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Copyright © 2020 Four Twenty Seven, All rights reserved.
Four Twenty Seven sends a newsletter focused on bringing climate intelligence into economic and financial decision-making for investors, corporations and governments. Fill in the form below to join our mailing list. As data controller, we collect your email address with your consent in order to send you our newsletter. Four Twenty Seven will never share your mailing information with anyone and you may unsubscribe at any moment. Please read our Terms and Conditions.
 

Our mailing address is:
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Demystifying Climate Scenario Analysis for Financial Stakeholders

December 4, 2019 – 427 REPORT. Scenario analysis is an essential yet challenging component of understanding and preparing for the impacts of climate change on assets, markets and economies. When focusing on the short term, the warming and related impacts we have already committed to calls for scenarios that are decoupled from economic and policy activities and instead focus on the impacts that are already locked in. This report explores which impacts are already locked in, identifies how Representative Concentration Pathway (RCP) scenarios fit into the conversation, and describes an approach to setting up scenario analysis for near-term physical climate risks.

Download the report.

As the effects of climate change increasingly threaten financial stability, investors and regulators are seeking to understand what impacts lie ahead, and calling for an increase in physical climate risk assessment and disclosure in line with the Task Force on Climate-related Financial Disclosures (TCFD). To assess the scale of financial risk posed by physical climate change it is important to quantify risks under different climate scenarios. How will changes in extreme weather patterns, longer droughts and rising seas differ under various scenarios? Answering these questions through scenario analysis helps uncover the range of risks, allowing investors to identify assets and markets that are more likely to become stranded over time and to begin developing forward-looking resilience strategies. However, science-driven, decision-useful scenario analysis poses many challenges for businesses and financial stakeholders today, due to complex feedback loops, varying timescales, and multiple interacting factors that ultimately determine how global climate change manifests.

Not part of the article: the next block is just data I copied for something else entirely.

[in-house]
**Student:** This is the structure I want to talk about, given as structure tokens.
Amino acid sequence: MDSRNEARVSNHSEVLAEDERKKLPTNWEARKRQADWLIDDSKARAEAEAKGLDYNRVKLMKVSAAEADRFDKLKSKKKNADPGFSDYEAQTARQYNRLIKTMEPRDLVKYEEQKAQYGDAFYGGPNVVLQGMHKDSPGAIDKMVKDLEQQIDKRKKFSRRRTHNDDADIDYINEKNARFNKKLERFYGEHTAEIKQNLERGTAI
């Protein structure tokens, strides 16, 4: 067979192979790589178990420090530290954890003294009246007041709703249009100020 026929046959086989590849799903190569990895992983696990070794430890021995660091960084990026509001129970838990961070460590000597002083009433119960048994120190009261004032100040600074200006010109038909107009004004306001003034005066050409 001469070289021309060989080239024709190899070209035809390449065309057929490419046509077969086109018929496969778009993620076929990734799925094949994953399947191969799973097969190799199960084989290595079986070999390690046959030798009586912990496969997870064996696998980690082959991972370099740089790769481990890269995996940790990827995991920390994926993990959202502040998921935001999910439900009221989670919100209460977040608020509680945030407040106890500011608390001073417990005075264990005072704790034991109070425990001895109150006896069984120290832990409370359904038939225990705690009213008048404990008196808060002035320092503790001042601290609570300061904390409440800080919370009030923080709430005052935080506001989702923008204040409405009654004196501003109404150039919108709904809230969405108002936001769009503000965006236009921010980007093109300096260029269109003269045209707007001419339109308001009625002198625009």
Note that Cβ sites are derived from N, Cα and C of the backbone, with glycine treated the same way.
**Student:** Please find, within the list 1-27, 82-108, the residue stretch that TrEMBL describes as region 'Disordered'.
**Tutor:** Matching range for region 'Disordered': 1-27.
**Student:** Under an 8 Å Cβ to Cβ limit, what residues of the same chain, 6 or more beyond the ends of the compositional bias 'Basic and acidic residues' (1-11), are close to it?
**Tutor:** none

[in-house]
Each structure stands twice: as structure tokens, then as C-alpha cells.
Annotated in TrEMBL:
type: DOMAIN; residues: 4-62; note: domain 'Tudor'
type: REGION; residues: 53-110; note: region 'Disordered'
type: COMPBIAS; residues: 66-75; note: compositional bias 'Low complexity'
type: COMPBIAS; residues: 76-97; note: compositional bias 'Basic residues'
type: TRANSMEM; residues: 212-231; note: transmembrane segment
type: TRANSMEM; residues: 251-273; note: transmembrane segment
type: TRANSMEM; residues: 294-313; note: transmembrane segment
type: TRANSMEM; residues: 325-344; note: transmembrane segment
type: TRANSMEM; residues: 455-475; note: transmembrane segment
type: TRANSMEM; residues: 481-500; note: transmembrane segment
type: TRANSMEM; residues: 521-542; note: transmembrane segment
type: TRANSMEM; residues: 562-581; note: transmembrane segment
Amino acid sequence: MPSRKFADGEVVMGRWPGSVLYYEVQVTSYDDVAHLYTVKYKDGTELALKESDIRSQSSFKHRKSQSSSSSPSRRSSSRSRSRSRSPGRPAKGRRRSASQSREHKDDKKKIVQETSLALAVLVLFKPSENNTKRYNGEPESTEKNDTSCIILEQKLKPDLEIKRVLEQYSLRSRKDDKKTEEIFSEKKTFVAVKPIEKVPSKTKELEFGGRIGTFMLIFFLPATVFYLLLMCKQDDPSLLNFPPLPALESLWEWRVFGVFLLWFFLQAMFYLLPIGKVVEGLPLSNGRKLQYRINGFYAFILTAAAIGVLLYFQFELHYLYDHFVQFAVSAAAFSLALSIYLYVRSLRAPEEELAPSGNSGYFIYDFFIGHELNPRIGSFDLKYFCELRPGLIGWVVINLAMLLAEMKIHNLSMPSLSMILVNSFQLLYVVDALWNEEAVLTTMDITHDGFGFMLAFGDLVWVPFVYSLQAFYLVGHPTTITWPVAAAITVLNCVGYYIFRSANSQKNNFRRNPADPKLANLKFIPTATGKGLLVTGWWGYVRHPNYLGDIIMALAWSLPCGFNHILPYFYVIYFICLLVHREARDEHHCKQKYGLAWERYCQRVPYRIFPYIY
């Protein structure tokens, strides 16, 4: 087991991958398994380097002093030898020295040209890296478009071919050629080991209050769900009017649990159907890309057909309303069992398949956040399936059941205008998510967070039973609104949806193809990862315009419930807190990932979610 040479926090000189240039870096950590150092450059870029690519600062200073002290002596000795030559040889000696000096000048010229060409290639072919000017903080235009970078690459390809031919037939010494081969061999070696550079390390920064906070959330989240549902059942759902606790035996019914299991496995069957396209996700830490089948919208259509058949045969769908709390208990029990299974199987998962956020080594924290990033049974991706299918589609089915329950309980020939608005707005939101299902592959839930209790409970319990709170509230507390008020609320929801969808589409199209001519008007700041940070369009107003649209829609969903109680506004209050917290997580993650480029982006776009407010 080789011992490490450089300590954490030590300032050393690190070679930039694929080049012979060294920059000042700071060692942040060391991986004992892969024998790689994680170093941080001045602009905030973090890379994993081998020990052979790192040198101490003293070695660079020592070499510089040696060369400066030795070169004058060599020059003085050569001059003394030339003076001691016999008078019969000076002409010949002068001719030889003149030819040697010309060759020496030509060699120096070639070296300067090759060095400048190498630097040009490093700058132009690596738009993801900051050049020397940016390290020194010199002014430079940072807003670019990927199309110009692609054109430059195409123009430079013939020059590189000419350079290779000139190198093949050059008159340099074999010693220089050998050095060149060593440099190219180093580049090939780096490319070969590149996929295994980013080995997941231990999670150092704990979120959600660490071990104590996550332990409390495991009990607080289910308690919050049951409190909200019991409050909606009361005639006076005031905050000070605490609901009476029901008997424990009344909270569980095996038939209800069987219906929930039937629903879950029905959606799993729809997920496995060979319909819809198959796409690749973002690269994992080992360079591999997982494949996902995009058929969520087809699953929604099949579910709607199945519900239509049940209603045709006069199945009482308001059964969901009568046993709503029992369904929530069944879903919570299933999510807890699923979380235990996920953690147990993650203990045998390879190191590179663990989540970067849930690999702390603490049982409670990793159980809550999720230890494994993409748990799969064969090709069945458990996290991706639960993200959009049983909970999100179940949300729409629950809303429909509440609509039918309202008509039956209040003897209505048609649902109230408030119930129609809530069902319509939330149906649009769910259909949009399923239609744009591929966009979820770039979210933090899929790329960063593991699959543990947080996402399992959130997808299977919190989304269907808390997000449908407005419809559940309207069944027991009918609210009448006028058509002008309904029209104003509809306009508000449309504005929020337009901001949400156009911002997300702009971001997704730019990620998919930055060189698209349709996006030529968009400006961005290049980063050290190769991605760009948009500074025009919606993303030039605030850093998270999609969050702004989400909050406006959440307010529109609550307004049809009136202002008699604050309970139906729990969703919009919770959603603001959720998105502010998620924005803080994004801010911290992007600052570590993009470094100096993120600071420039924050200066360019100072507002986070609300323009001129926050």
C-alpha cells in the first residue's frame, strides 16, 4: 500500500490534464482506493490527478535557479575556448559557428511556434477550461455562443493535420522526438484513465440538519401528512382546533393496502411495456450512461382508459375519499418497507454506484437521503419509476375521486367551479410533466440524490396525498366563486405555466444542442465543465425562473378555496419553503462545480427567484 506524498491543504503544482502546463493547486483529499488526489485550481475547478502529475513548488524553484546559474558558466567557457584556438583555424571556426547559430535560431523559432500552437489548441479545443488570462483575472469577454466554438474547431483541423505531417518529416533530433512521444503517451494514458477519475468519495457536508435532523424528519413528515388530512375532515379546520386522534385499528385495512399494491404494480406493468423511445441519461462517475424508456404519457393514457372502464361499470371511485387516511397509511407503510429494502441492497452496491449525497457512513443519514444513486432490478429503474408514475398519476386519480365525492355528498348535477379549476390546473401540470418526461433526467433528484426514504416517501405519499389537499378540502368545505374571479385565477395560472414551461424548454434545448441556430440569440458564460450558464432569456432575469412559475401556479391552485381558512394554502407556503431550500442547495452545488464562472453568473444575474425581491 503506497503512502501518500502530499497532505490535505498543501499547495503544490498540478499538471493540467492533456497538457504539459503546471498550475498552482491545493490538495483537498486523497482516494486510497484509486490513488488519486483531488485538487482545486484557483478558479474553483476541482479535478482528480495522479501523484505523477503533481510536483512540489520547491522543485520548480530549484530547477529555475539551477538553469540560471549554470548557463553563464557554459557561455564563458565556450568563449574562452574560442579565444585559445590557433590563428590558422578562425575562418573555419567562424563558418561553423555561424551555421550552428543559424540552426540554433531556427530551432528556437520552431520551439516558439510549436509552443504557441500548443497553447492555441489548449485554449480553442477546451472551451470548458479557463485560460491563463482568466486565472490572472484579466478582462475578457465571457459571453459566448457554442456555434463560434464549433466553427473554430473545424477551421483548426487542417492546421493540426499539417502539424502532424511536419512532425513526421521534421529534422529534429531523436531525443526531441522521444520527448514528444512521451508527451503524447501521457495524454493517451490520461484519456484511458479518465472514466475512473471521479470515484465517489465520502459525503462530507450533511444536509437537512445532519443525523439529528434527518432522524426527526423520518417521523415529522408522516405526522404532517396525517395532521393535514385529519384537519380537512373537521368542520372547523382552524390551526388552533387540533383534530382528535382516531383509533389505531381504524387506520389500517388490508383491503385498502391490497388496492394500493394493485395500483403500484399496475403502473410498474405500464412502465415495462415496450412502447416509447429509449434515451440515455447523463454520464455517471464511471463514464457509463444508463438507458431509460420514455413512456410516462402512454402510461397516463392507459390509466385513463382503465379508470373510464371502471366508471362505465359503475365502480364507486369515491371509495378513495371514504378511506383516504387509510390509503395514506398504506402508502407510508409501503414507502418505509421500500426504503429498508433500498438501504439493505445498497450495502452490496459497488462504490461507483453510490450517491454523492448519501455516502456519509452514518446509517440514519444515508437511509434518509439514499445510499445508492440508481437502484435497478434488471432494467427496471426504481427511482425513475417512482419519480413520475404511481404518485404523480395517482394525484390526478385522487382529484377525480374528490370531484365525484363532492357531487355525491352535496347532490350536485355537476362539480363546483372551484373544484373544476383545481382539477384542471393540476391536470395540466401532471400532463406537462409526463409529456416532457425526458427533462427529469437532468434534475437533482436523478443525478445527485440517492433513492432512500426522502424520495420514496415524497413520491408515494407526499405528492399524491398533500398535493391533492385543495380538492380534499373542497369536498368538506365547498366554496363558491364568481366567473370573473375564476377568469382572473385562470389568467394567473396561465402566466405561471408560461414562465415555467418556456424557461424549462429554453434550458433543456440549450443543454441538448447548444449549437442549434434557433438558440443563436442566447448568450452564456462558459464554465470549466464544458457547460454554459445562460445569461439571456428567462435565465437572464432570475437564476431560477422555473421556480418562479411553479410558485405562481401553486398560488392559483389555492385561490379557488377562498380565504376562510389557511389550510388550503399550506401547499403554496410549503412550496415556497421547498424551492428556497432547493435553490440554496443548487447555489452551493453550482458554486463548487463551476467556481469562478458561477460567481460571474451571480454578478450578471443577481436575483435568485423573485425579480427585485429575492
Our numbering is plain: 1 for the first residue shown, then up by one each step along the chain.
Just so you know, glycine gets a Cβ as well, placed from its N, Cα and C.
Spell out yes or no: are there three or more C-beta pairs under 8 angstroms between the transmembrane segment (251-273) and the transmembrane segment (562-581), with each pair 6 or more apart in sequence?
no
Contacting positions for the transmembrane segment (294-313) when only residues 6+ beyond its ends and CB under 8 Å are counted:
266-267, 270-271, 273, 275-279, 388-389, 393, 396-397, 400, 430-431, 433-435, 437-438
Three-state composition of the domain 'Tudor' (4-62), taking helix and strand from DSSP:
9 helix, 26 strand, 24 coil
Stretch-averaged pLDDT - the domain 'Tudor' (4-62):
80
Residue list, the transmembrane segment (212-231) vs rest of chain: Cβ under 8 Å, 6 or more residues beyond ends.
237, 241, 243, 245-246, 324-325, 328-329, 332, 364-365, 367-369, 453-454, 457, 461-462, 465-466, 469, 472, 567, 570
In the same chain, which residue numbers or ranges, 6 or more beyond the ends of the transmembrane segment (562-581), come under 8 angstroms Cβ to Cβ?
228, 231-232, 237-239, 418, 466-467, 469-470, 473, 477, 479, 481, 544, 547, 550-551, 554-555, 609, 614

Figure 2. Distribution of daily extreme temperature changes in 2030-2040, expressed as a percent change, relative to a baseline of 1975-2005 under RCP 8.5. This map shows statistically downscaled global climate models averaged together, for this time frame and scenario. NASA Earth Exchange Global Daily Downscaled Projections statistically downscales climate model outputs to a ~25 kilometer resolution (see full details here) White areas are excluded because they lack potential for significant economic activity.

This new report, Demystifying Climate Scenario Analysis for Financial Stakeholders, explores which physical impacts are already locked in, identifies how Representative Concentration Pathway (RCP) scenarios apply, and describes an approach to setting up scenario analysis for near-term physical climate risks. Scenario analysis is often approached from the perspective of transition risk, where policy developments and greenhouse gas (GHG) emission targets are the key drivers of risk pathways over the near-term, in the next 10 to 30 years. Physical risk, however, requires a different approach.  Impacts over the coming decades are largely locked in, making the emissions scenarios less relevant. Unlike transition risk, GHG emission pathways play a minimal role in the behavior of the near-term climate and GHG emission pathways only begin to meaningfully influence global temperatures near mid-century. The uncertainty in physical climate risks in the near-term is driven by uncertainty in physical processes, rather than in policy decisions.

For organizations looking to construct physical climate risk scenarios for risk management and strategy purposes, it is critical to understand the scientific phenomena driving our plausible climate futures. This report outlines an approach called percentile-based analysis, which allows users to explore the range of potential outcomes based on climate model outputs within a single RCP. This offers a flexible, data-driven approach, suitable for portfolio-level screenings, reporting, and in some cases, direct engagement with asset managers.

Key Takeaways:

  • Quantifying climate risks under different scenarios is a key element in understanding how physical climate risks pose financial risks.
  • Scenario analysis is often approached from the perspective of transition risk, where policy developments and greenhouse gas emission targets are the key drivers of risk pathways in the next 10 to 30 years. However, physical climate impacts over the coming decades are largely locked in, so physical risk requires a different approach.
  • Even if we stopped emitting carbon dioxide tomorrow, many physical climate impacts, such as increasing temperatures, more severe droughts, and rising sea levels, would already be locked in because of the time carbon dioxide stays in the atmosphere and the time it takes the atmosphere to respond.